MILLIONS of households will be looking for ways to cut down on their energy use, including using electric blankets.
With bills due to rise from next month, we've worked out how much you'll actually be paying to use one.
It may be tempting to use an electric blanket at night to give the thermostat a break after Liz Truss announced the average household's bill will go up to £2,500 a year.
That's despite the new Energy Price Guarantee which stopped that figure soaring to £3,549.
But before you turn the heating off, we reveal how much extra you'll be adding onto your electricity bill by using an electric blanket.
How much does it cost to run an electric blanket?
Most people use electric blankets under their sheets to heat their bed before they get in it.
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According to research from Uswitch, these gadgets use 100 watts of energy to warm a double bed before switching to a sleep setting or being turned off.
A 100W electric blanket run for seven hours a week would use 0.7kWh.
And Ofgem announced that it costs roughly 28p per kilowatt hour (kWh) for a typical customer paying by direct debit under the current price cap.
Based on this cap, it costs 19.6p to run a 100W electric blanket for one hour a day for seven days.
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If you were to use an electric blanket for one hour a day, every day of the week for a year, it would cost you £10.19 in total.
Based on the new price cap coming into effect on October 1, it would cost 24p to run an electric blanket for one hour a day for seven days.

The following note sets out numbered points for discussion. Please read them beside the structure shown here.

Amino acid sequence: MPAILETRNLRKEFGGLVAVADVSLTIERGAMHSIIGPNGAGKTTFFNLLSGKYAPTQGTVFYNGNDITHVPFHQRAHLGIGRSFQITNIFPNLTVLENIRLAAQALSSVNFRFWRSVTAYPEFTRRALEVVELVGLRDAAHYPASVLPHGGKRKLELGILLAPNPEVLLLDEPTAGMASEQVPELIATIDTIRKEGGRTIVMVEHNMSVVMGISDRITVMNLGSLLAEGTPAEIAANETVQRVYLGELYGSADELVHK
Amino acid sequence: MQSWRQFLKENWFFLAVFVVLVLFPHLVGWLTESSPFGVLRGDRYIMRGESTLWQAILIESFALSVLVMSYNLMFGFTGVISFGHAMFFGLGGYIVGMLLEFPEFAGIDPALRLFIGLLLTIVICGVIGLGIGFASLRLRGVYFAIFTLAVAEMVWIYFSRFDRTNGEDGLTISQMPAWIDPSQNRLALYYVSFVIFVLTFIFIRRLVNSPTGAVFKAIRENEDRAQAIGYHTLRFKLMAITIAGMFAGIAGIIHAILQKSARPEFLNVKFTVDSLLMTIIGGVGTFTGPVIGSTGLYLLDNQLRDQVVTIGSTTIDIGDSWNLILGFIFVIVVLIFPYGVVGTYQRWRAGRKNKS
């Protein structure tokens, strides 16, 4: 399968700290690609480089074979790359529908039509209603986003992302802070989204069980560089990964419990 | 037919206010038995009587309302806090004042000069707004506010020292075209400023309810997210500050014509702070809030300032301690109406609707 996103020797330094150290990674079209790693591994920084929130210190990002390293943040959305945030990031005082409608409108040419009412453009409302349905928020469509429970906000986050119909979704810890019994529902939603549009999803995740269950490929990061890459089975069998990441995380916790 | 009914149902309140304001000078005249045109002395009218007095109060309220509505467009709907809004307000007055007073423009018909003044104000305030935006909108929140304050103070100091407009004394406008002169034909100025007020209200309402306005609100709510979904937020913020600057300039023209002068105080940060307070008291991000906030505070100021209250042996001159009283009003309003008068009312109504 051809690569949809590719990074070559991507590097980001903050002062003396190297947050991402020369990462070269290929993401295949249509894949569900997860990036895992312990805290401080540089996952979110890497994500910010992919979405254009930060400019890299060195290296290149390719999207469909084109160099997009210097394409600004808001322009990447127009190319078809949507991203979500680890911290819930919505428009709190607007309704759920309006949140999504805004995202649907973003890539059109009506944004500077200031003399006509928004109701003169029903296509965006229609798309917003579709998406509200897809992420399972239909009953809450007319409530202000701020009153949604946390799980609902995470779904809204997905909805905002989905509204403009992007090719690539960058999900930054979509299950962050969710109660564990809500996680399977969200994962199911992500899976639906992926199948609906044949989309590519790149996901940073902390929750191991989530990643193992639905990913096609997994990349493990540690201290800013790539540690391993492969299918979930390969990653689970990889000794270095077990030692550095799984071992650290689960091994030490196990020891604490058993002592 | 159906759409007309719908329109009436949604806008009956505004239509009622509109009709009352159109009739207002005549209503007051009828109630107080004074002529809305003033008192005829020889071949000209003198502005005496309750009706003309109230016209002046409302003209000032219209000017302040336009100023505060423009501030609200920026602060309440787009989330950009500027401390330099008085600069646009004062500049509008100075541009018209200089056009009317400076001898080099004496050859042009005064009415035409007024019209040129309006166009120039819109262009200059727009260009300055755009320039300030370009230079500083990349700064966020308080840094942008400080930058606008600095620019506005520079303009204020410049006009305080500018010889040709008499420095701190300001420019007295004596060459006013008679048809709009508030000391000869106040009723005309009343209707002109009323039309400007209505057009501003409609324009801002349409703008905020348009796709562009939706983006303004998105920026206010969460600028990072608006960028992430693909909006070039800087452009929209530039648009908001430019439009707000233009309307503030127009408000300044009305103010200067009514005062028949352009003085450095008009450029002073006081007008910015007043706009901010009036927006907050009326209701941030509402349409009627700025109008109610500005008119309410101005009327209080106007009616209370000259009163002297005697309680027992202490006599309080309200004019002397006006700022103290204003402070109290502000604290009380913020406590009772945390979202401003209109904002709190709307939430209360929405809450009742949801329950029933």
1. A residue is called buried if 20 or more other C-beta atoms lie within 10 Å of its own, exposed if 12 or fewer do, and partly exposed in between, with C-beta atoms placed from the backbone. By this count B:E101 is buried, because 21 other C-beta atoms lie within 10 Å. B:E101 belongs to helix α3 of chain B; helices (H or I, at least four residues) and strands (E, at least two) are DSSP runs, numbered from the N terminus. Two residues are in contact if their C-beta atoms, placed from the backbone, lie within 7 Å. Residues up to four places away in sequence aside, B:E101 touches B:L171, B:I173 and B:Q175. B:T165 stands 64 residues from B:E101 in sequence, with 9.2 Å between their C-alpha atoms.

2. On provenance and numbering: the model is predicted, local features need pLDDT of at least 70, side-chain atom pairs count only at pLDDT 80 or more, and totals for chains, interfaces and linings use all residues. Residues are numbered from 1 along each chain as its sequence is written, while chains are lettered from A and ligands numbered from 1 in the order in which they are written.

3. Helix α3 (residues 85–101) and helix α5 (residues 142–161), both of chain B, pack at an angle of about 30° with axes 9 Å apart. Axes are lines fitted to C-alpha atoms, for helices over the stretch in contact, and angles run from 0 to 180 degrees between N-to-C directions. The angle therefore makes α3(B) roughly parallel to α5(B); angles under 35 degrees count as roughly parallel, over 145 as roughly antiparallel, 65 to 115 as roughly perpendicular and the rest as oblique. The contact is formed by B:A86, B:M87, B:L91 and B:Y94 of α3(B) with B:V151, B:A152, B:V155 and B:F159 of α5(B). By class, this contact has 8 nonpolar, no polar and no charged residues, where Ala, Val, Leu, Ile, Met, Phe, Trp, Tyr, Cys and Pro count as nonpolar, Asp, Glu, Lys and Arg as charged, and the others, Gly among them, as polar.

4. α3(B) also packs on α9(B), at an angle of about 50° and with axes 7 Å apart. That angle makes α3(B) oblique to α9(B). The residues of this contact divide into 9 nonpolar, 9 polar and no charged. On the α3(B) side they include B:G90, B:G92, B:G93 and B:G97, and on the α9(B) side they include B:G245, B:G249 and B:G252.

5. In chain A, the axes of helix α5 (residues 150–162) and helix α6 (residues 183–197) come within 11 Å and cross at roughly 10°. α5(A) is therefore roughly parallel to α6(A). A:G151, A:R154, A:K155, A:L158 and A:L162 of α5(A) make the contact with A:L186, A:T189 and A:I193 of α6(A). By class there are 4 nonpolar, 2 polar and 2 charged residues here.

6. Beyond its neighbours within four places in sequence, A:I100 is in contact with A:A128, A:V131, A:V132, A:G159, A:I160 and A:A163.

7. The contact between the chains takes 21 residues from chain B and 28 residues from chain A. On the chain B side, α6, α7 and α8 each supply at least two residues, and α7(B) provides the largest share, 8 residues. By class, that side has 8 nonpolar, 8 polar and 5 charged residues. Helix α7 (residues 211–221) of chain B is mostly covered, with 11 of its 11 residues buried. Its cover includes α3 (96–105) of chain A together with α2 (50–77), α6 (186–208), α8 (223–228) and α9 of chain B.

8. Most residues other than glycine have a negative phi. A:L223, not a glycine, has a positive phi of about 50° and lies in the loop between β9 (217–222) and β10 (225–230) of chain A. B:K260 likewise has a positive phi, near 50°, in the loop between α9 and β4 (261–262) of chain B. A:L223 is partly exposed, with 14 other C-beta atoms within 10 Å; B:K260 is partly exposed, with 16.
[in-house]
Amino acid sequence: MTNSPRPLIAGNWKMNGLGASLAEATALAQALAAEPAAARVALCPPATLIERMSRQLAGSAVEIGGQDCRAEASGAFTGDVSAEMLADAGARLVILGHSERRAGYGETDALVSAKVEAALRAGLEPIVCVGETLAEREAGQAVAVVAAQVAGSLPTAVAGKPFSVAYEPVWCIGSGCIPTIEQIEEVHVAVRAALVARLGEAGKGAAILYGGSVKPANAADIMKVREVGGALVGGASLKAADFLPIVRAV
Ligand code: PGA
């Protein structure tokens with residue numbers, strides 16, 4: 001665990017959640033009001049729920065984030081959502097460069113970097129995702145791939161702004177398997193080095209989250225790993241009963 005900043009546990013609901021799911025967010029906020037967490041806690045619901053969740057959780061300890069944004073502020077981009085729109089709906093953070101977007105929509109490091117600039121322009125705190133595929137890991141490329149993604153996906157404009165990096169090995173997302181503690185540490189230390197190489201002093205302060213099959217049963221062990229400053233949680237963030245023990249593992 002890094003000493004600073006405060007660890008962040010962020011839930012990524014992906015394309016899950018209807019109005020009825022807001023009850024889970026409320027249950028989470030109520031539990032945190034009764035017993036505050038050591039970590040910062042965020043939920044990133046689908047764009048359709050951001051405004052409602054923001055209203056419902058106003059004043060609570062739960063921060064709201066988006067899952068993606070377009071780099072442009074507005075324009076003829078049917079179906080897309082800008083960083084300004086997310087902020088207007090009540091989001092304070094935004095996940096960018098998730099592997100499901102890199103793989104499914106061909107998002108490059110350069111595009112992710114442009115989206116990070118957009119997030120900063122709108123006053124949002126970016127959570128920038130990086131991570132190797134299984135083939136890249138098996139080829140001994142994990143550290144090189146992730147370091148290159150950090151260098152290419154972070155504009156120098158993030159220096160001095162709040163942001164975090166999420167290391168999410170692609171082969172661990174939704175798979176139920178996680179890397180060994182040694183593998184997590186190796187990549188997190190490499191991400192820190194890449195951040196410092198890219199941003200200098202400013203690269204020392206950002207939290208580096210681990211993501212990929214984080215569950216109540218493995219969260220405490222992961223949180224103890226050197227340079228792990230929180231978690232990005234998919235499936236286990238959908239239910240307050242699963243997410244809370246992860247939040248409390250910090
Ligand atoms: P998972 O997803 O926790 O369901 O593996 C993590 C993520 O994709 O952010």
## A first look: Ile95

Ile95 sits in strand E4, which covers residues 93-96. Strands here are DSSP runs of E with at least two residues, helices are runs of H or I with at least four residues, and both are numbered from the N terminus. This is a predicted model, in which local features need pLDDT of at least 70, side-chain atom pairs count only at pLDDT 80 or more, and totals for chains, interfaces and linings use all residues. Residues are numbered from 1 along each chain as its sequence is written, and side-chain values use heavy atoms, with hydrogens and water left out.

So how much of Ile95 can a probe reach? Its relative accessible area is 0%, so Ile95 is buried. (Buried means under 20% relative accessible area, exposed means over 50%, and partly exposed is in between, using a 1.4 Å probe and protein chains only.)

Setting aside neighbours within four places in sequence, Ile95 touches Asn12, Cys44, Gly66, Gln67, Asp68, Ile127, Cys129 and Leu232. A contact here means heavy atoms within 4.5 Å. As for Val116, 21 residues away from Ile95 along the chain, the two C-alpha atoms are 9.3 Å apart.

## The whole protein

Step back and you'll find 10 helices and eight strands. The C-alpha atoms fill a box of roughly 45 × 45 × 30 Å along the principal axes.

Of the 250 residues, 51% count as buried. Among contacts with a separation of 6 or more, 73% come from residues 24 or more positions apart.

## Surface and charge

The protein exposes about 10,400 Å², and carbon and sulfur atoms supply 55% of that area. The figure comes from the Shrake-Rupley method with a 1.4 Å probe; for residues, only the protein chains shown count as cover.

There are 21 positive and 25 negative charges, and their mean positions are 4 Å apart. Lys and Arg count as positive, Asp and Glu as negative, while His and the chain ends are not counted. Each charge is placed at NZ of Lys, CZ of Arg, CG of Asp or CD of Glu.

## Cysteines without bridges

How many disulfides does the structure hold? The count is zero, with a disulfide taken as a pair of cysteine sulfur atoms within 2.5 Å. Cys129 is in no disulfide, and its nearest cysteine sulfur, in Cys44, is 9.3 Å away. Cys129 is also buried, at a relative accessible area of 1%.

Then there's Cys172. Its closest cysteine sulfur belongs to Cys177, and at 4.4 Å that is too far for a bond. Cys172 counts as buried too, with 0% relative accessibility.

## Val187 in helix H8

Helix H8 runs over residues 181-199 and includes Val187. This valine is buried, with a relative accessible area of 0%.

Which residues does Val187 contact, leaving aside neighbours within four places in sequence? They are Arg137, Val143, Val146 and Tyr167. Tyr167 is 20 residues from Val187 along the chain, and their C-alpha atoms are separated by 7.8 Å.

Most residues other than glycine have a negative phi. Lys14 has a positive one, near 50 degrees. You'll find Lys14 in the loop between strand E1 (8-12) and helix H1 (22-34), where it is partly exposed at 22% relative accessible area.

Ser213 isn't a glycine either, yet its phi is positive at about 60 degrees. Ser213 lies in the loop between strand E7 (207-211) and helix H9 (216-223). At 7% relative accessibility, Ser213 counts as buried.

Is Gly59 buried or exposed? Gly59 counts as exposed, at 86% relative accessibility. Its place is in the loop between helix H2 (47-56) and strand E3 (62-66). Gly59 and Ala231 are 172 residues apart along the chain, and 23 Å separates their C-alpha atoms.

If you used it for one hour a day for a year, you'd be spending £12.48 on your electricity.
But using an electric blanket instead of turning the heating up could still save you cash off your bill, Uswitch energy expert Sarah Broomfield said.
"Using an electric blanket to warm the bed may mean you can turn the temperature of your thermostat down, as you won't need your bedroom to be so hot.
"Turning your thermostat down by just 1°C can save you as much as £80 a year."
How else you can reduce your bill
There are other ways to keep your house warm without cranking up the heating.
Pesky draughts can blow cold air into your home – and hot air can also escape.
Blocking these gaps by using draught excluders or balled socks and tights can help keep in the heat and prevent temperatures in your house from dropping – you could save £25 a year from this.
Making the most of government help schemes can also help to pay your bills.
For example, the Household Support Fund has been extended for vulnerable residents who can't afford essential costs.
And pensioners can receive annual one-off winter fuel payments from the government of between £100 and £300.
To qualify for the payout, you'll need to have been born before April 5 1954 – the date changes every year.
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Those on Universal Credit can also get a one-off payment worth up to £812 to help pay bills – but it has to be paid back.
And check if you're one of the thousands NOT eligible for the £150 council tax rebate.
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